By Jackie Morris

Honey Man - Hey MavisOne of the most dynamic recordings I’ve heard this year, Honey Man is the second release by Hey Mavis…featuring the marriage of Laurie Michelle Caner’s beautiful alto voice and banjo with husband Eddie Caner’s brilliant, virtuoso violin, fiddle and viola. The result, which they rightly call “Appalachian Americana,” is an intriguing variety of driving rhythms and softer songs – all featuring an exquisite interplay of fiddle and banjo, vocals and harmonies.

I am not exaggerating when I say “exquisite.” Laurie Caner cut her musical teeth in the all-woman rootsy vocal trio, The Rhondas. Her vocal flexibility – and ability to craft authentic-sounding “backwoods” harmony – is immediately apparent. Eddie Caner has over 20 years of world-class performance under his bow, touring the globe, as soloist or sideman, with over 25 major artists, including Smokey Robinson, Page and Plant, and Luciano Pavarotti. But it is the musical interaction between the two of them – an almost visceral excitement – that makes Hey Mavis so special.

In Honey Man, this musical synergy is enhanced by the addition of Brent Kirby on guitar, harmonica, drums, harmonies and two lead vocals; and Bryan Thomas on upright bass and Chank-o-Matic 6000 (foot percussion). Together, this Akron-based quartet creates some truly memorable music.

All the songs in Honey Man are written by Laurie Caner, except for one by Brent Kirby; and the songwriting is consistently intelligent, honest and earthy, involving the stuff of real life -- love, heartbreak, children, relationships, letting go and moving on. The themes may be universal, but the lyrics are fresh and spontaneous; and the melodies, often intriguing.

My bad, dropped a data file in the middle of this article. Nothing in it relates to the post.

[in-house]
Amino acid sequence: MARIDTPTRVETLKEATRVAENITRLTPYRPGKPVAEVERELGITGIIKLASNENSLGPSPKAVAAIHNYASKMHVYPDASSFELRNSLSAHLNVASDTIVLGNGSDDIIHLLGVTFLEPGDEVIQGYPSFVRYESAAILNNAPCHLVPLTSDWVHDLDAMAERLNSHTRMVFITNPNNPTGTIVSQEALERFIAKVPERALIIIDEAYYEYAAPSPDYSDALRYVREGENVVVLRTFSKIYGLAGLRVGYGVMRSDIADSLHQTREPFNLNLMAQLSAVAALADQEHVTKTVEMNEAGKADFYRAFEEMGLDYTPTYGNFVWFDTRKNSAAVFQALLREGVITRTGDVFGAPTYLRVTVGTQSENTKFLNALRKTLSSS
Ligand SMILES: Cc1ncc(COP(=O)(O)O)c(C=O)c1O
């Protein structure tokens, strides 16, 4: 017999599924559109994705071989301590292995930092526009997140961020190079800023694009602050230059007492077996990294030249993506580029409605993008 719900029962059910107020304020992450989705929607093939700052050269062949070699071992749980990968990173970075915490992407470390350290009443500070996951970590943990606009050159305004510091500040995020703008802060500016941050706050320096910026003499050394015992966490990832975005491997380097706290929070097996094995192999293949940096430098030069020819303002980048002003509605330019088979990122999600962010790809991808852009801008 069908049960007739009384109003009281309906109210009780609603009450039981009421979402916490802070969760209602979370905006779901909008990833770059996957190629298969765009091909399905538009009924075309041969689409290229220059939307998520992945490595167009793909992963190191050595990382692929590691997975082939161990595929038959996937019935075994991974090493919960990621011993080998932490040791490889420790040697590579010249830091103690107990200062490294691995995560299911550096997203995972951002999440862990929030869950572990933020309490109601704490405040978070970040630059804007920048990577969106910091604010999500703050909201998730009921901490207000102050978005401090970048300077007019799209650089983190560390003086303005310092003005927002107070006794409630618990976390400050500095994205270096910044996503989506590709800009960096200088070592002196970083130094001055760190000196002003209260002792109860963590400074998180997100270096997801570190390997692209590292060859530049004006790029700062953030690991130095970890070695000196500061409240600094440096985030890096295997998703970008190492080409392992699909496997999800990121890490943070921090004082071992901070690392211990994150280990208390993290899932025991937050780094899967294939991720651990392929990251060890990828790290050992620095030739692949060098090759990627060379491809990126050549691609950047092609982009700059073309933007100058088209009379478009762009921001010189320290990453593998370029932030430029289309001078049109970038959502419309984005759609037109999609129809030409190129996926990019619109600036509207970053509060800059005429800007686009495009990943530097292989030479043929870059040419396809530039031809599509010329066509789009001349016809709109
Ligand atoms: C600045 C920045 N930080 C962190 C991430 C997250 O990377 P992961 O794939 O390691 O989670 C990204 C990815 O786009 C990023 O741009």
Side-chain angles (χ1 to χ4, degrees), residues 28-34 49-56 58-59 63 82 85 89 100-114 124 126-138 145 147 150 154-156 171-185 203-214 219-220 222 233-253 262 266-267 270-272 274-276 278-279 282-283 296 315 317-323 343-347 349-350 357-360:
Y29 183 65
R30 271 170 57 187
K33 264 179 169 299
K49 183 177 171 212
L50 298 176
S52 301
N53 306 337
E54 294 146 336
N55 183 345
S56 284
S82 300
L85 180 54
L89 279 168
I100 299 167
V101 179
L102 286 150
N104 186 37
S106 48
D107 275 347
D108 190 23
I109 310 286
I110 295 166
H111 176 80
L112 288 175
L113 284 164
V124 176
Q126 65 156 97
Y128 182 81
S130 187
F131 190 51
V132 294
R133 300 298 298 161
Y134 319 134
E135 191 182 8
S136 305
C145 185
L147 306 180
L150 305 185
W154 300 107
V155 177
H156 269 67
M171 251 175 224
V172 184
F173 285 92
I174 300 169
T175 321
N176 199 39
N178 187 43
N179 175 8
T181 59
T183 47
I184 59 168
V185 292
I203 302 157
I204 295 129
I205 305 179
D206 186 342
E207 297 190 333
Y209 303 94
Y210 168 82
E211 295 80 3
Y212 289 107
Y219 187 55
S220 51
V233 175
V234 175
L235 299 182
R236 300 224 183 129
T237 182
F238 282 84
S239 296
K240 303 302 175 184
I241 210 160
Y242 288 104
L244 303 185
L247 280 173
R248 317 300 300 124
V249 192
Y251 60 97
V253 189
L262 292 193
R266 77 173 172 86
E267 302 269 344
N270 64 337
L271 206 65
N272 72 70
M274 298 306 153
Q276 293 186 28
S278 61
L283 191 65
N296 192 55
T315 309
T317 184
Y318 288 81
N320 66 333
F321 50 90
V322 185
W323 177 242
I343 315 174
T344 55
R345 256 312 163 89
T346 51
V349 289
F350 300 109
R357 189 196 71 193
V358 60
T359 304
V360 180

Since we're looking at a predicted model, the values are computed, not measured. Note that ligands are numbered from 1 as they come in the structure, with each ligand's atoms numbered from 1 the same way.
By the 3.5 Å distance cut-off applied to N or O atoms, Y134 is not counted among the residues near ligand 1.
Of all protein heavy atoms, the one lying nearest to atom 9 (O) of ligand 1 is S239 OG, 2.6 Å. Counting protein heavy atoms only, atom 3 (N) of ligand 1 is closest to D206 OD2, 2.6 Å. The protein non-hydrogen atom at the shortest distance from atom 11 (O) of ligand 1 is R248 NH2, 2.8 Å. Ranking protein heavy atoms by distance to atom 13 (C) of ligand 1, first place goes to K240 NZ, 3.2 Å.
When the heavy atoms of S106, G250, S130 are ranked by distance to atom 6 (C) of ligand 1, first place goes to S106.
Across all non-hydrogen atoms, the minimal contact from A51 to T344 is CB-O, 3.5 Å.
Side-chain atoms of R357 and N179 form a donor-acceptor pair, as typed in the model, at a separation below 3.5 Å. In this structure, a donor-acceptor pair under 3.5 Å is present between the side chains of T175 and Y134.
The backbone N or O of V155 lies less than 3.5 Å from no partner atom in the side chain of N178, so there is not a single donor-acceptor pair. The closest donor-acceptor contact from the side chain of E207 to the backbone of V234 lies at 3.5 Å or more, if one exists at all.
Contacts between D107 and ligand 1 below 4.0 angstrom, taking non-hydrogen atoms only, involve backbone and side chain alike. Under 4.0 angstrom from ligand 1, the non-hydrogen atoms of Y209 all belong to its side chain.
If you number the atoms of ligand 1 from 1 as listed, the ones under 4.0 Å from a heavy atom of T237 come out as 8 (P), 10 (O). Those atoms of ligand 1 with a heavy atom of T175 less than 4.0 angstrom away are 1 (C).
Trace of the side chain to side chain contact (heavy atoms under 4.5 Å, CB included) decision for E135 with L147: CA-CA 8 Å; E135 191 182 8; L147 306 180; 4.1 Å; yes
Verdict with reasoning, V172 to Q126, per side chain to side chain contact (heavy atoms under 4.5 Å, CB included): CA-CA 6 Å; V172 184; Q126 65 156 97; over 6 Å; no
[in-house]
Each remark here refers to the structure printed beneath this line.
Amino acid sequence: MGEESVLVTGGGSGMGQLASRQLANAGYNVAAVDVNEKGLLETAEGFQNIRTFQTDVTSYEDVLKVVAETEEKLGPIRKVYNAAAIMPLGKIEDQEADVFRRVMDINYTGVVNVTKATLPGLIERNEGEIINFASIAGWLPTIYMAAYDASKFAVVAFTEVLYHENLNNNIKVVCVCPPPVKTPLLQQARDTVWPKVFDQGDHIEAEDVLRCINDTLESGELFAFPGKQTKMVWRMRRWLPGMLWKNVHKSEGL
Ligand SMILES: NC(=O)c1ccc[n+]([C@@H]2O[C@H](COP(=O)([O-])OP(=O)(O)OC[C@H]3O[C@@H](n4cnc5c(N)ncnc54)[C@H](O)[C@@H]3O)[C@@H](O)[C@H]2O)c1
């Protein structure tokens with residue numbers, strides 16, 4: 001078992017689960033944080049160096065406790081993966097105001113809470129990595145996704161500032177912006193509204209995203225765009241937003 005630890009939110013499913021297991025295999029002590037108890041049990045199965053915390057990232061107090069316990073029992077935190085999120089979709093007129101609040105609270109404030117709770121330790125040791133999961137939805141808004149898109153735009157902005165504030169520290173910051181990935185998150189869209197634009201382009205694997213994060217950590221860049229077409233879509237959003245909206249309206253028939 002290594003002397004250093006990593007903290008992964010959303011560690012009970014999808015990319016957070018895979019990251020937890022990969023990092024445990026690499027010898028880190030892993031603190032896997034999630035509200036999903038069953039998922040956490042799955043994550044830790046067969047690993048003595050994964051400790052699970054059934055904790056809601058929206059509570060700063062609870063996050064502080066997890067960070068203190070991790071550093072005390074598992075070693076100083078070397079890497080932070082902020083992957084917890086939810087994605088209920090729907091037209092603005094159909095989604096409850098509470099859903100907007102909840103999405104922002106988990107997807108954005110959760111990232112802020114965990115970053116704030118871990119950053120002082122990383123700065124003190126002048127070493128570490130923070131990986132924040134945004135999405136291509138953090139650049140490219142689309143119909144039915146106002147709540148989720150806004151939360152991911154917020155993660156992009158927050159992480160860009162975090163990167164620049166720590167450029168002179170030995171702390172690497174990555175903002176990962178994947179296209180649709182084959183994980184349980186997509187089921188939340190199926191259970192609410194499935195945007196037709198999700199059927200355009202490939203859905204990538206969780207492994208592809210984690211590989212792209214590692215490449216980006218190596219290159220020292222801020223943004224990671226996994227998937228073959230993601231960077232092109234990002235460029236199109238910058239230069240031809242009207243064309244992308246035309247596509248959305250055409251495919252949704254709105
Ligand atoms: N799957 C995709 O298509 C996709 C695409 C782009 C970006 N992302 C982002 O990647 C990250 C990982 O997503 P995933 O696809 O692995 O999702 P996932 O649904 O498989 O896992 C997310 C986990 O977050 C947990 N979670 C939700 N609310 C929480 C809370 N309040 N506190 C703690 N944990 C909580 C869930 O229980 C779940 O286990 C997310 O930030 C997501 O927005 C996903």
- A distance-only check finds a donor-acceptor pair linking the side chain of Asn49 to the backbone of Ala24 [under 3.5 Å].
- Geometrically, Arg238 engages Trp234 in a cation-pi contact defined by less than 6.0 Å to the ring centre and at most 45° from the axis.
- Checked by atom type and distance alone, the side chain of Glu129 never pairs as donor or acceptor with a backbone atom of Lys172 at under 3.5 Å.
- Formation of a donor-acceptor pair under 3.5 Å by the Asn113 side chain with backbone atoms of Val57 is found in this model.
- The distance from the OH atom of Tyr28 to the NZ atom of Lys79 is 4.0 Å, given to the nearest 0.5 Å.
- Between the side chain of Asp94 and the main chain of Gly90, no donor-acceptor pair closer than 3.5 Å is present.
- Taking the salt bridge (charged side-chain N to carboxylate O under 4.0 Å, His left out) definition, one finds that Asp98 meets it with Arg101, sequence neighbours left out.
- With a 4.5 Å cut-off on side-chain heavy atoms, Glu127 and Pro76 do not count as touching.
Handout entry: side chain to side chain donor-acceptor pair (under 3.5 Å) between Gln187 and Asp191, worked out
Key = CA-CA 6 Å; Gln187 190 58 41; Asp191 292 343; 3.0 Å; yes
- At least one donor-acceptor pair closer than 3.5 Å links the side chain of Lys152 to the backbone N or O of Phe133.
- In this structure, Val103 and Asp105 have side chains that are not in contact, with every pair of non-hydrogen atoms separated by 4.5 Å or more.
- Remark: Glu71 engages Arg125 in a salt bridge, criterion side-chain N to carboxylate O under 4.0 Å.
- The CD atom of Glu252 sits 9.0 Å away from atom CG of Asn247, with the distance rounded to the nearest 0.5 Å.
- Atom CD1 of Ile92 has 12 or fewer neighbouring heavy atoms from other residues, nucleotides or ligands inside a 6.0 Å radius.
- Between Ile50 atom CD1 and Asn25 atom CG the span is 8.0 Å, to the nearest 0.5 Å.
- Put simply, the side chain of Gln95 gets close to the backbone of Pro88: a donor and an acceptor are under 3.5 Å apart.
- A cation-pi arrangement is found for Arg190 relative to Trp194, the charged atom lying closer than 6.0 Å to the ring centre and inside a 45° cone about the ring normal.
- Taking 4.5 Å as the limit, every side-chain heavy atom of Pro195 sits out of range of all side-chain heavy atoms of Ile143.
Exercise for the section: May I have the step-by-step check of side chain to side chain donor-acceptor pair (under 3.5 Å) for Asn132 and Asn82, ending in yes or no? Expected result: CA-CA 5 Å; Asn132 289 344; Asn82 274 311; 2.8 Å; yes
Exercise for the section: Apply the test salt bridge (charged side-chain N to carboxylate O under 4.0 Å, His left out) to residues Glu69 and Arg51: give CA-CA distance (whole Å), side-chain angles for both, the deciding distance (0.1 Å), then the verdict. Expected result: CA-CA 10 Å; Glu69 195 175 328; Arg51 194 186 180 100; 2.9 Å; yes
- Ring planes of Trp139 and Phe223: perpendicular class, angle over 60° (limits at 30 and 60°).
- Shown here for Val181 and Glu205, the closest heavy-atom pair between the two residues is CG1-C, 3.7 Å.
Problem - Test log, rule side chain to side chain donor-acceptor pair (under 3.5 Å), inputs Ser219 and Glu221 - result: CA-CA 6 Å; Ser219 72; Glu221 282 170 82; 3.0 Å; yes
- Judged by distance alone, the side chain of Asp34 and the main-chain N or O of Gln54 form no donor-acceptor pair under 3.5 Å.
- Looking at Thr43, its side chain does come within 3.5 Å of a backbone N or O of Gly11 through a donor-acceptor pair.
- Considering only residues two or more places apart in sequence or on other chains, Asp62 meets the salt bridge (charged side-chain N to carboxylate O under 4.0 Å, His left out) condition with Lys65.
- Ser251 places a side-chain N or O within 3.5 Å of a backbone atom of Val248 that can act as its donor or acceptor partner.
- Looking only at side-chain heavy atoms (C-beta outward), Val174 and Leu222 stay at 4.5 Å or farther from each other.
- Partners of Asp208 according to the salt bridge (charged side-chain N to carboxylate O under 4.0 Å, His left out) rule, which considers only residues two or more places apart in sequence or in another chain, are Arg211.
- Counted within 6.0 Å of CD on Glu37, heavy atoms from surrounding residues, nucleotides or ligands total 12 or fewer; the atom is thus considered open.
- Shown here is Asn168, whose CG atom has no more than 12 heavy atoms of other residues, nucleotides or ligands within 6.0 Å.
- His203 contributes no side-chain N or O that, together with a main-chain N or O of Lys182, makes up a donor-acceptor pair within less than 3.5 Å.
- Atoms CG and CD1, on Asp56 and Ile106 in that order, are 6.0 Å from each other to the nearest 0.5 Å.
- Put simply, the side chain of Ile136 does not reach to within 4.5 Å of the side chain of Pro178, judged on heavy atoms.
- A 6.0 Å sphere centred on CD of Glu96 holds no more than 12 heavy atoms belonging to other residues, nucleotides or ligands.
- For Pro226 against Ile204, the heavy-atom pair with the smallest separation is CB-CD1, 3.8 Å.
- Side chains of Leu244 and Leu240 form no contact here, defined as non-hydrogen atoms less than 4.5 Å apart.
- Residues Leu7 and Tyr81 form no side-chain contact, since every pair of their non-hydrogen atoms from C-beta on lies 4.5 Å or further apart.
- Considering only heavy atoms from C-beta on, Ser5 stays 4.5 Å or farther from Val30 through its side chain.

HEY MAVISThis is especially true of the opening track – Say Hello to Paris, which has something of an exotic, “world” flavor to it. It opens simply and dramatically, with the rhythmic punch of the banjo, followed by Laurie’s mesmerizing voice. And then, the magic happens: Eddie’s violin enters the mix, playing in and out of the vocals, dancing around her voice with amazing finesse…celebrating it, answering it, and building on the emotion. And Laurie, in turn, enhances her vocals with perfectly nuanced harmonies. The textures, the rhythms, the chords (sometimes evoking a tiny hint of klezmer to my ear)….all combine to make this song a tour-de-force.

Other high points of this album are the title track, Honey Man, living up to its name with smooth, honeyed vocals and delicious harmony. The sensuous instrumentation and lyrics are underscored by Laurie’s percussive banjo and Eddie’s rich Viola Profunda, which seems to embrace her voice.

Track 3, Already Down, picks up the beat, proving for all time that a fiddle can really rock. Edgy and fast-paced, it features great vocals by Brent Kirby and tight harmony by Laurie.

Song for Suitors voices every mother’s wish to have her daughters cherished and respected as individuals. It introduces this heartfelt message with simple banjo picking…and then flies on the wings of an inspired violin.

Kirby’s song, Let the Water do the Work, is yet another standout in this outstanding group of songs. It provides a nice contrast to the other selections, providing a classic simplicity typically found in old traditional songs….a lovely melody, and a chorus that makes you want to sing along. Wrapped around a wise message of just “letting go” and “being,” the song gently rolls along to a great groove, while the violin flows over the melody like water.

There are 11 tracks in all on this album, each with its share of delights. Fast-paced, hoedown rhythms…haunting ballads…dark alt-rockers…and upbeat Americana…all are generously spooned out in Honey Man, a sweet treat for the ears.

A New York transplant to the tiny town of Carpinteria, CA, Jackie is a freelance writer by profession and a singer-songwriter by passion. Her newly-released third album of original Folk/Americana songs was among Top Folk Albums of 2011 on the Folk Music Radio Airplay Charts. Jackie is also an active member in such acoustic music communities as SummerSongs, SongMakers, and FARWest Folk Alliance.